Civil Litigation

Have You Been Sued in Colorado?

During a civil disagreement, negotiations can sometimes deteriorate between the parties and a middle ground isn’t able to be found.  In some situations, the conduct from one party can be so egregious that you do not even want to work with them or continue the agreement. Contract disputes, consumer and commercial debt, negligence, fraud, defamation, there are many ways that a simple disagreement can turn into a lawsuit. Our attorneys have experience litigating in state county, state district and federal court.  If you require the services of our Colorado civil litigation attorneys for an unresolved legal dispute, our litigation team stands ready to help you find the best way to protect your interests.  Although our lawyers are always prepared to file and litigate your Colorado civil matter, we frequently advise our clients that litigation should be considered a last resort and attempt negotiation or mediation before incurring the expensive costs of a trial.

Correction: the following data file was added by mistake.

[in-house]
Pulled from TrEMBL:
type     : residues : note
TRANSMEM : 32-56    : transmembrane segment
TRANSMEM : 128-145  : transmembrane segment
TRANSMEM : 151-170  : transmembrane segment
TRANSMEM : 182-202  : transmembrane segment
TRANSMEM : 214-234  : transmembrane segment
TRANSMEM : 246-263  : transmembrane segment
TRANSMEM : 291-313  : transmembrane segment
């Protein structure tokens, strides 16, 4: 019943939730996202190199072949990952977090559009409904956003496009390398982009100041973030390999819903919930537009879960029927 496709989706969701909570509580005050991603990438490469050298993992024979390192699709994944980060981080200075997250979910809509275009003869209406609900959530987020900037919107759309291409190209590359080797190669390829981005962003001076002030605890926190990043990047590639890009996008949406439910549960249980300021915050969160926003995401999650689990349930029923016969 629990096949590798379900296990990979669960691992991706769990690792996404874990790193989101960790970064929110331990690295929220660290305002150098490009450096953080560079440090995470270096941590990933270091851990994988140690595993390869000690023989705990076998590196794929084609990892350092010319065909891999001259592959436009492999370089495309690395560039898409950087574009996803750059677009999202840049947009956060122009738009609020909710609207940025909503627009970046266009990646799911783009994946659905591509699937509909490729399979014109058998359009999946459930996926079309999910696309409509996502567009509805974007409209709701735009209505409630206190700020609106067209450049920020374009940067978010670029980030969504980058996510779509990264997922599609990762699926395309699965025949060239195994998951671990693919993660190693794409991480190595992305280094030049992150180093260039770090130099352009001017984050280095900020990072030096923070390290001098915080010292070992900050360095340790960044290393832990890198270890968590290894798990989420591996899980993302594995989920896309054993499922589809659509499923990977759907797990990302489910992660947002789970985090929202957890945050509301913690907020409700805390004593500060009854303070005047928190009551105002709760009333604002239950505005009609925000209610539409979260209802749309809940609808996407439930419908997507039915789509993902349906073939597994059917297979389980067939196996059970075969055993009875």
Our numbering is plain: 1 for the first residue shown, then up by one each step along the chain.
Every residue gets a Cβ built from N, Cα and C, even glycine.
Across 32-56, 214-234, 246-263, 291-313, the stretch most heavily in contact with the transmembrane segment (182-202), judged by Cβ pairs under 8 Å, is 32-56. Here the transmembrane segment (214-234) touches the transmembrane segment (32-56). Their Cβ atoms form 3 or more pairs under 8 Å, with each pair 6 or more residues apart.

Our civil litigators represent both plaintiffs and defendants in litigation matters involving:

  • Employment contract disputes
  • Business Torts – Breach of fiduciary duty, civil conspiracy, interference with civil contracts
  • Pre-suit consultations, opinion letters, and lawsuit protection
  • Franchise contracts
  • Contractor/subcontractor disagreements
  • Construction contracts
  • Service contracts and breaches
  • Non-compete and confidentiality agreements
  • Contracts for the sales of goods and breach thereof